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MU's James Cook receives NFL grant to research meniscus diagnostic technique

Tuesday, December 22, 2009 | 12:01 a.m. CST; updated 11:50 a.m. CST, Tuesday, December 22, 2009
James Cook.

COLUMBIA — James Cook's usual patients don't play football, but they are being used as inspiration to help the men that do.

The NFL gave a $120,000 grant to James Cook, a veterinarian and director of the Comparative Orthopaedic Laboratory at MU.

The grant takes effect in January and allows Cook to research methods of diagnosing meniscal tears in NFL players. The meniscus is cartilage that acts as a shock absorber in the knee.

"It’s really a pretty comprehensive grant," Cook said. "The big picture part of it is that we’re trying to really find out exactly why those problems happen and then how to most efficiently completely diagnose them."

According to Cook, NFL players could play on an injured knee without knowing the extent of the injury because of adrenaline masking the pain. Being able to diagnose accurately at the stadium allows the player to know if they have a tear and whether returning to the game would be a wise decision.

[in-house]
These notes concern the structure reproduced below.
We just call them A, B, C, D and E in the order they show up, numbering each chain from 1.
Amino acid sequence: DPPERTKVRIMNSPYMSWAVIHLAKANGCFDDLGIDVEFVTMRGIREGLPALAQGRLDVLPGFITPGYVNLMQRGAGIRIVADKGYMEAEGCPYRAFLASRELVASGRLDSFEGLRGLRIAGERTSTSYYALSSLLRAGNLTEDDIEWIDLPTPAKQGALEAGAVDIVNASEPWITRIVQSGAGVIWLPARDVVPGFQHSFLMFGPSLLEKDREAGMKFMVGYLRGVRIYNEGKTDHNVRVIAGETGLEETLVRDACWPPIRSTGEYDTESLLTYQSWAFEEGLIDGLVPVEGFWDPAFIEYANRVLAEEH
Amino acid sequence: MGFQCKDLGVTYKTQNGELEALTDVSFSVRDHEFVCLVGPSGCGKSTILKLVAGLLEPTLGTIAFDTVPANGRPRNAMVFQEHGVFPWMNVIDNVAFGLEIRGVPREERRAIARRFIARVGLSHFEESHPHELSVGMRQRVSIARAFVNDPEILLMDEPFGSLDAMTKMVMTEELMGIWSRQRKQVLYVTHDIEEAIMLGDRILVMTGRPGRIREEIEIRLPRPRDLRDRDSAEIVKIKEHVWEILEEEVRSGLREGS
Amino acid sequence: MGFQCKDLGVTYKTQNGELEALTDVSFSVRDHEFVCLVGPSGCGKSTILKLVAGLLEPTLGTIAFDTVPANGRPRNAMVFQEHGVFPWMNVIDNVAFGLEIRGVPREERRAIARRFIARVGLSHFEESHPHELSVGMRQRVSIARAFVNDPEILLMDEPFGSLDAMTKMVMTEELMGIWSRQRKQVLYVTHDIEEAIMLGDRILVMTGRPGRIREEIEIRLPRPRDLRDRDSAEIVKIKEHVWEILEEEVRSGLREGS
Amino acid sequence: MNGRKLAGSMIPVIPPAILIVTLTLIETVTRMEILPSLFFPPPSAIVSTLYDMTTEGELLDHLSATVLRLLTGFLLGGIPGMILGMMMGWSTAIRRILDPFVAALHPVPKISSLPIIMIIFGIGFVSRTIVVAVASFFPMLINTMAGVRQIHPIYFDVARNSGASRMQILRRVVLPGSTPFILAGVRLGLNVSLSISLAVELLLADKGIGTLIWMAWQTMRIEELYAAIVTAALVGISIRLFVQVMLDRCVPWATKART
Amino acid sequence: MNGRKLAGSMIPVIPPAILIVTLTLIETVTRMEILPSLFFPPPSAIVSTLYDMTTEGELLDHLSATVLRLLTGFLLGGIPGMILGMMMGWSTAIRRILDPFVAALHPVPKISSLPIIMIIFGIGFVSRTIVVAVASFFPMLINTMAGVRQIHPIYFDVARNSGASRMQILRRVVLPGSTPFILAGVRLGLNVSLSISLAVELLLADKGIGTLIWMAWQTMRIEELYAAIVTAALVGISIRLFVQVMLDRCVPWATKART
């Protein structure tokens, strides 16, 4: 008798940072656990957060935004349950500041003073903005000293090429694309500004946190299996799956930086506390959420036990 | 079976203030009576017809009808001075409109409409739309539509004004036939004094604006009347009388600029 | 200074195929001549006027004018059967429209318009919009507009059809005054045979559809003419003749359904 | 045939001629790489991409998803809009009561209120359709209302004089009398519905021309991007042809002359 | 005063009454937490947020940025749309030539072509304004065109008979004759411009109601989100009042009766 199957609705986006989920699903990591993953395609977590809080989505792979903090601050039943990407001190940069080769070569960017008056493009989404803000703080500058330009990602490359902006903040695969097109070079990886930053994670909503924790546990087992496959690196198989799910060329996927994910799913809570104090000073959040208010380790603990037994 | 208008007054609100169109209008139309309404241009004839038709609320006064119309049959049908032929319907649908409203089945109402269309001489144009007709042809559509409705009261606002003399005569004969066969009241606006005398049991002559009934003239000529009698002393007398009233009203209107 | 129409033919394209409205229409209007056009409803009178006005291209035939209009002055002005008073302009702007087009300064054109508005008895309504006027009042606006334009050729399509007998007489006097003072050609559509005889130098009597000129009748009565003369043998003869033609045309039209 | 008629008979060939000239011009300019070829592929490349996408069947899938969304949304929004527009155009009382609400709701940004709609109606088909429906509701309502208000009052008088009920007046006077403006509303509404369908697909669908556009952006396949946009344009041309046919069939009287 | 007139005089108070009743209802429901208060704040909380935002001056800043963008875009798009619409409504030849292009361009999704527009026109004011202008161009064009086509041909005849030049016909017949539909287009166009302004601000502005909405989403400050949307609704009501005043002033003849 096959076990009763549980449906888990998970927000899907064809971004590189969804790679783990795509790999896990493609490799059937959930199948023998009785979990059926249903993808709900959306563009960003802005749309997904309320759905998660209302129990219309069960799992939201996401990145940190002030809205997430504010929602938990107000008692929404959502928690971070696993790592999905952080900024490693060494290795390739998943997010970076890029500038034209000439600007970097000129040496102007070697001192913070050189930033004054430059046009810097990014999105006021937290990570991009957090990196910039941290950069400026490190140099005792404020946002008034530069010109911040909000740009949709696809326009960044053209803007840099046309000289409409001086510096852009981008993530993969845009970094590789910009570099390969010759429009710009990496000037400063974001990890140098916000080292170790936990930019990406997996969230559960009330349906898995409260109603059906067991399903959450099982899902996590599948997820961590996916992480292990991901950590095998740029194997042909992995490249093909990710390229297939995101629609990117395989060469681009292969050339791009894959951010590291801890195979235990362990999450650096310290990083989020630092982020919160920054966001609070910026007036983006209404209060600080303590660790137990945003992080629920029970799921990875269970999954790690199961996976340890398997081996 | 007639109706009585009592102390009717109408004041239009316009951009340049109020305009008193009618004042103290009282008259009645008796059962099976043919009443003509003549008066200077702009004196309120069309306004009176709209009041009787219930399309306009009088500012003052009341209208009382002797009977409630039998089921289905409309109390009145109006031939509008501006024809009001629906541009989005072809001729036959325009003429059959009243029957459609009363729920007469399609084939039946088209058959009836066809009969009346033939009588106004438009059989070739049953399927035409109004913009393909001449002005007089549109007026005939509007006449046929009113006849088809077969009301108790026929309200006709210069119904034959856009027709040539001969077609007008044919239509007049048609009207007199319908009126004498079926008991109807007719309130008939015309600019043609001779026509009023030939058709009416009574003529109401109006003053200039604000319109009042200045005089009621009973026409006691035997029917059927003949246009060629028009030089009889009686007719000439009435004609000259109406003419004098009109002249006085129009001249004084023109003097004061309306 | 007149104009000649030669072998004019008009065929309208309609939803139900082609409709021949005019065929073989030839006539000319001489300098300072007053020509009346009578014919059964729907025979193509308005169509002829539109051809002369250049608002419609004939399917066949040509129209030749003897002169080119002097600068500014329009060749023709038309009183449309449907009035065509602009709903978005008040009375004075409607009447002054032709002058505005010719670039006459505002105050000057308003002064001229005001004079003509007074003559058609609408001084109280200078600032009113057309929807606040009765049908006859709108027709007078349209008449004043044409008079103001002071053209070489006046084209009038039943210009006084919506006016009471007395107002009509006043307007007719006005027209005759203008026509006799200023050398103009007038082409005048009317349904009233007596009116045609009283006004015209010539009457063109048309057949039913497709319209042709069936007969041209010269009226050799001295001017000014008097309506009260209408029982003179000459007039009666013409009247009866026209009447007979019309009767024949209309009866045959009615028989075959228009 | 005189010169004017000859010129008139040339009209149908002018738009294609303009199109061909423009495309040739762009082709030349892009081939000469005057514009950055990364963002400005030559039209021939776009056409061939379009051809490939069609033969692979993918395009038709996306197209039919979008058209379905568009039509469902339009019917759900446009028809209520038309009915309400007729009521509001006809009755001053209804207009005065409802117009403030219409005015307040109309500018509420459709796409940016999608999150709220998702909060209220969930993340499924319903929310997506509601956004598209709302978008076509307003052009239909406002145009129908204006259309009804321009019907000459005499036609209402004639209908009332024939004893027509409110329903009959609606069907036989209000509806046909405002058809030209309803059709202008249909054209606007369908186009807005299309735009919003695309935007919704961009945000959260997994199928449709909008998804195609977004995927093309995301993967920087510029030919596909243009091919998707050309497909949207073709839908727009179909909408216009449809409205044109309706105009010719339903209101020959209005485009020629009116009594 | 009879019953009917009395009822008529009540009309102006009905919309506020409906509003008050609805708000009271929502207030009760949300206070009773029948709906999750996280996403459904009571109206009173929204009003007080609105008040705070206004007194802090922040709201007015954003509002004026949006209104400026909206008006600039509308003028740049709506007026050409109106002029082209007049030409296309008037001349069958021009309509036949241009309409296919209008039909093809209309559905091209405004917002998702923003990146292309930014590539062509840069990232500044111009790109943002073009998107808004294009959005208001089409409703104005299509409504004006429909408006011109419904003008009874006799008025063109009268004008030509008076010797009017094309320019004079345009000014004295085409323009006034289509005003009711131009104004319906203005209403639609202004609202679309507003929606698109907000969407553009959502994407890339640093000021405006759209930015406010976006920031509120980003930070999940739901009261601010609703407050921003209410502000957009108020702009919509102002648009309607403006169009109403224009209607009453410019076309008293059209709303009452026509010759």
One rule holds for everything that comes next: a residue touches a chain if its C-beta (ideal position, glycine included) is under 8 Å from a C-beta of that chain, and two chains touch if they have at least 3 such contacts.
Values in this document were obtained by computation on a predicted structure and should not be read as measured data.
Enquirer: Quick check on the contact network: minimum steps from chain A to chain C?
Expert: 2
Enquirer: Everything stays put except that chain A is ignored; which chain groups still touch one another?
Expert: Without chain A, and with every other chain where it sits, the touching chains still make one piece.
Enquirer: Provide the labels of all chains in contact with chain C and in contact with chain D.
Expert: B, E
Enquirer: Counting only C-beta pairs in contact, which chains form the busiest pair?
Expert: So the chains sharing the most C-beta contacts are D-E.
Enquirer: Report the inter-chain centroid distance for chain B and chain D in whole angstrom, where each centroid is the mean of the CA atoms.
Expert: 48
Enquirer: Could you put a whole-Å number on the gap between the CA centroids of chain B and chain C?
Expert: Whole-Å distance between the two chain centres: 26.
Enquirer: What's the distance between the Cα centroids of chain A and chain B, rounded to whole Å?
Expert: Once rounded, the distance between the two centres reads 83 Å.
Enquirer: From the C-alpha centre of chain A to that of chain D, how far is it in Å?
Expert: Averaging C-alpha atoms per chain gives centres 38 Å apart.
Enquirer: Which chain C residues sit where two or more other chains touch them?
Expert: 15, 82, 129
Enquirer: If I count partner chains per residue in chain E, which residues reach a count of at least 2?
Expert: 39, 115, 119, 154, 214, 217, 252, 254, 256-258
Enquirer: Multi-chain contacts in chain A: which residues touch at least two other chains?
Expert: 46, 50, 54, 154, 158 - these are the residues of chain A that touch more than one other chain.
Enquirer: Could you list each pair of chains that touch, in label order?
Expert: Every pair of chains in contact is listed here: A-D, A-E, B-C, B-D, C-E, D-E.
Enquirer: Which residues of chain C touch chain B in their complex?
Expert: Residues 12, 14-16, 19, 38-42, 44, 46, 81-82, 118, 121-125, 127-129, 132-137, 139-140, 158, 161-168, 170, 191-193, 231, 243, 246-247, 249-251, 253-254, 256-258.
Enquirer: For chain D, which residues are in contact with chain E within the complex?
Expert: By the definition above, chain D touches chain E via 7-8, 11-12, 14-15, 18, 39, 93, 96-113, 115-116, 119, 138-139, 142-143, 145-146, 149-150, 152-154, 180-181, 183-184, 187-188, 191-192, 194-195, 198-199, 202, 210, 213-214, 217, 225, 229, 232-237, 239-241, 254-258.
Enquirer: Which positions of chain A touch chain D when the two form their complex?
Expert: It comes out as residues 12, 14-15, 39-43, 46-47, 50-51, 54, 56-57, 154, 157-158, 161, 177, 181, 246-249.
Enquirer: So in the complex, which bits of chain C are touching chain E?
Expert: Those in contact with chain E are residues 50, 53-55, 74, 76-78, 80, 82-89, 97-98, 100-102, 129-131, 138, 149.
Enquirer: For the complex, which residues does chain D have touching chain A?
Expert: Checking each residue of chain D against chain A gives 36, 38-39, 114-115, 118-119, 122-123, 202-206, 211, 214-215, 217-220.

Cook developed a technique using ultrasounds to diagnose meniscal tears in dogs that gives a more complete diagnosis than current methods allow.

According to Cook, current methods allow a tear to be diagnosed but do not allow for clear assessment of the quality of the meniscal tissue.

Knowing the quality of the tissue can affect the way a tear is treated. A tear in an otherwise healthy meniscus might require only an arthroscopic repair, while a tear in a degenerative meniscus would require the bad tissue to be removed and other options to be assessed.

Cook is hopeful about the possibilities of the research. He hopes that it will allow for the meniscus to be screened to see if it's predisposed to tearing.

"Quite frankly, I’m never going to get an NFL grant for working on dogs, but the work that we’ll do through the NFL grant will benefit dogs," Cook said. "So as a vet and a scientist that’s working on the human side, it’s win-win for me because I’m able to get funding, I’m able to help people and, at the same time, I’m going to bring it back and apply it to my patients."


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